Tuesday, December 17, 2013

IRS Provides Guidance on In-Plan Roth Rollovers

The American Taxpayer Relief Act of 2012 amends the requirement that employees wait until a distributable event (i.e., age 59½, termination, death or disability) for an in-plan Roth conversion. With the release of Notice 2013-74, the Internal Revenue Service (IRS) provides additional guidance on in-plan Roth conversions.

The Small Business Jobs Act of 2010 permitted retirement plans that provided for Roth contributions to allow employees to roll over amounts (other than designated Roth contributions) from their retirement plans to their Roth account in the plan. However, the amounts that could be rolled over were limited to amounts that were otherwise distributable under the plan. Thus, unless an employee had met a distributable event, a rollover was not possible. Section 902 of the American Taxpayer Relief Act of 2012 expanded the type of amounts that are eligible for an in-plan Roth rollover. 

Thursday, October 31, 2013

The Impact of U.S. v. Windsor on Retirement Plans

Supreme Court Ruling on the Defense of Marriage Act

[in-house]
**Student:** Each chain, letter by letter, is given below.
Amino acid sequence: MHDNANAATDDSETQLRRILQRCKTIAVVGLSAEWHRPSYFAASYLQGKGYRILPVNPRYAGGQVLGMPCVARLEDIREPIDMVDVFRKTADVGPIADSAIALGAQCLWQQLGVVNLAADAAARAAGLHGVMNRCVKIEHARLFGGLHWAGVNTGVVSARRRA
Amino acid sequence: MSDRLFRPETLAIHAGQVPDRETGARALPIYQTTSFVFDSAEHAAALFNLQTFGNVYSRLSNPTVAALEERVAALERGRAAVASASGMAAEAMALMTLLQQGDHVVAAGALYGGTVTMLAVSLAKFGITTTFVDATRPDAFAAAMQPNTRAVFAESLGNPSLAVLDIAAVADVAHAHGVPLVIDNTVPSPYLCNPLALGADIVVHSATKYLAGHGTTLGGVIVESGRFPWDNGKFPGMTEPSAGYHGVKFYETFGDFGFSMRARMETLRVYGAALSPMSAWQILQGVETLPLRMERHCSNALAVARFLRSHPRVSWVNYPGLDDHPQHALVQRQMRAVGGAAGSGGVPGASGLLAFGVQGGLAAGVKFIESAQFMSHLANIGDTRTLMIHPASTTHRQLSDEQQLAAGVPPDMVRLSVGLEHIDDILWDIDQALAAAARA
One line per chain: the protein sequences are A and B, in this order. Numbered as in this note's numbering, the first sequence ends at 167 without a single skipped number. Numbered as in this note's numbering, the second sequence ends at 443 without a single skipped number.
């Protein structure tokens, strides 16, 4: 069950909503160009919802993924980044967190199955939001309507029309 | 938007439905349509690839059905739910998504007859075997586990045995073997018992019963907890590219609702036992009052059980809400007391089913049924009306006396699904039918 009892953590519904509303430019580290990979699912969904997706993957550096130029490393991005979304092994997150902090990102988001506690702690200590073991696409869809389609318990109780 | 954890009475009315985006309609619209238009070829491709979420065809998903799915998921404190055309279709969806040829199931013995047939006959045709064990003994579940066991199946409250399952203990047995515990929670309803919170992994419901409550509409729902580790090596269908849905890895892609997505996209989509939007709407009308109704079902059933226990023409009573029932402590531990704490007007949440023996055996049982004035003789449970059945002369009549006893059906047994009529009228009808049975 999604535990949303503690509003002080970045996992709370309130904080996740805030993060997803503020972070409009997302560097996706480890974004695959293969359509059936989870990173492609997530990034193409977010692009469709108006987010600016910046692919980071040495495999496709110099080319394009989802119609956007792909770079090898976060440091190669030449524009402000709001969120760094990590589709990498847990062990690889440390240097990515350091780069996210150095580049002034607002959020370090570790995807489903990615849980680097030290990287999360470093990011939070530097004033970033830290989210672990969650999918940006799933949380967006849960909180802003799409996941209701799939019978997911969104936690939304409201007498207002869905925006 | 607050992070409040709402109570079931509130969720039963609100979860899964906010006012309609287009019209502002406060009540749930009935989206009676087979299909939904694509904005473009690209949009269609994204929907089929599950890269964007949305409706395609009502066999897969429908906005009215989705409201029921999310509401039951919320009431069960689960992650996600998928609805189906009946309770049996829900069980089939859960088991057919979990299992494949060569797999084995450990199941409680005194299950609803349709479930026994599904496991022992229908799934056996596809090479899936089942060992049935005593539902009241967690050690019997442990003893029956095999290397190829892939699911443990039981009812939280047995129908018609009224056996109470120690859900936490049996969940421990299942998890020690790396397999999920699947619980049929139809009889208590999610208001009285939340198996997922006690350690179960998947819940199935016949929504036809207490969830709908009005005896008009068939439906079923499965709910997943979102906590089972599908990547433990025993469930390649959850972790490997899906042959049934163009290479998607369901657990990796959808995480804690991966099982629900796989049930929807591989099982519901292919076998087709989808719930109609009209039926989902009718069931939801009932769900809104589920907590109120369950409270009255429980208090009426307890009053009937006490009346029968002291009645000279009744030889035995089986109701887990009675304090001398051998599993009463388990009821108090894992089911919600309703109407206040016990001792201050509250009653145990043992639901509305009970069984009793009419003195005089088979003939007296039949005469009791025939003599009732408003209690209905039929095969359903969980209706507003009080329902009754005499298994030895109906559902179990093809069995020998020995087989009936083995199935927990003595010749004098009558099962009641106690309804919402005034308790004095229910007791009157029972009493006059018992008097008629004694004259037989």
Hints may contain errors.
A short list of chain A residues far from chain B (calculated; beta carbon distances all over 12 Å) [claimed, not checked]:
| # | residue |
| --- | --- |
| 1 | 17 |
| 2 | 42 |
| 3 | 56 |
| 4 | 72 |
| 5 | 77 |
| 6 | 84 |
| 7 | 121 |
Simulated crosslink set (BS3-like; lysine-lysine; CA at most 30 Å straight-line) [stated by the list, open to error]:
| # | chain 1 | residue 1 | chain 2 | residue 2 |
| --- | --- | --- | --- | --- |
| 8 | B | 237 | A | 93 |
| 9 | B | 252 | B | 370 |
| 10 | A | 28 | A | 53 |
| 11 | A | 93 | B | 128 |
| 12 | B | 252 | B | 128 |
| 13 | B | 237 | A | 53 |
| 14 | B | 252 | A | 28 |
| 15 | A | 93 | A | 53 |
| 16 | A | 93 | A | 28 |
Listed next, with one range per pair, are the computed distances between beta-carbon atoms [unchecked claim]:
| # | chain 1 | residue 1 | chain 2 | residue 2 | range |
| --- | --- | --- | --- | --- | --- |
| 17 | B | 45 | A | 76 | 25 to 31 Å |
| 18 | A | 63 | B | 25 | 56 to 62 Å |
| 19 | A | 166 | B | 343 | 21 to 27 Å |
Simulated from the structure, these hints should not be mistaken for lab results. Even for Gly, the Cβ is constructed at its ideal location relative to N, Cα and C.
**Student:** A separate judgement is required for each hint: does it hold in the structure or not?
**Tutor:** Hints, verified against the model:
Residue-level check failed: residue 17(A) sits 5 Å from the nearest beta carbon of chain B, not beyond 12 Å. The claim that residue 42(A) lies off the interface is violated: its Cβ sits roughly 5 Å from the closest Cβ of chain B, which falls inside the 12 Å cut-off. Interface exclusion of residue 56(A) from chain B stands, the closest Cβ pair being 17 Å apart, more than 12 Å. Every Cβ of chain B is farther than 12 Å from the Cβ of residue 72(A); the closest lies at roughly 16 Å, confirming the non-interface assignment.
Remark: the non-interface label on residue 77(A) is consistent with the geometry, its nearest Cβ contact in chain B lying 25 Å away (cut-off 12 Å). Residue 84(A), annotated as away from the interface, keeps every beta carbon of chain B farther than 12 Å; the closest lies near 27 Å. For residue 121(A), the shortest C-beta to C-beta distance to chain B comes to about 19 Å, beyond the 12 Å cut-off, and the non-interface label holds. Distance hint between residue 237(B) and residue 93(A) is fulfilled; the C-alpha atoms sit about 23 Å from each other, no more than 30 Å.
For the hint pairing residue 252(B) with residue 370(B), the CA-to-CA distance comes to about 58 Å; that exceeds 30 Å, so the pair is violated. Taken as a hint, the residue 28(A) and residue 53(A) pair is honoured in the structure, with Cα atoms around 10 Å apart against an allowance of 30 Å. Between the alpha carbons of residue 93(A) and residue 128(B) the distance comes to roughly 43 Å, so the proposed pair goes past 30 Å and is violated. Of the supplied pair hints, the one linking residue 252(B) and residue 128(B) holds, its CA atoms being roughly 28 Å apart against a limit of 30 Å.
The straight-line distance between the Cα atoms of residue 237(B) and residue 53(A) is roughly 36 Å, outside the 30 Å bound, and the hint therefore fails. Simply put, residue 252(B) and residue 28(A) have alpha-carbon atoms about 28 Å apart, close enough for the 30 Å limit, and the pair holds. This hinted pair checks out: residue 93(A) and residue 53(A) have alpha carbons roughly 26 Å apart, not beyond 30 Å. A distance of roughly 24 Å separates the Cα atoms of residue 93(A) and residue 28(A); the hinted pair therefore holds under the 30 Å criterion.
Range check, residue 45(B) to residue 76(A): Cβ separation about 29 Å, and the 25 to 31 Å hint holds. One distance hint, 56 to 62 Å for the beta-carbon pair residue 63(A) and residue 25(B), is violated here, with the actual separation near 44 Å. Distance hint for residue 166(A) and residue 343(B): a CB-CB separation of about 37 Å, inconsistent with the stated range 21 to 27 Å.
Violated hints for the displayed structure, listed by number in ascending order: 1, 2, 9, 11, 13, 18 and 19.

The U.S. Supreme Court in a landmark case ruled on June 26, 2013, that Section 3 of the federal Defense of Marriage Act (DOMA) is unconstitutional. Section 3 of DOMA defined “spouse” for the purposes of federal law as a person of the opposite sex and that a “marriage” only applied to opposite-sex partners.

In addition to the social and historical implications of this ruling, U.S. v. Windsor has a direct effect on all Qualified Retirement Plans. Under the ruling, to maintain their tax qualified status, plans must recognize same-sex married couples and provide the same benefits as they would to a participant married to a member of the opposite sex. Plan sponsors should specifically review the following areas:

Tuesday, October 15, 2013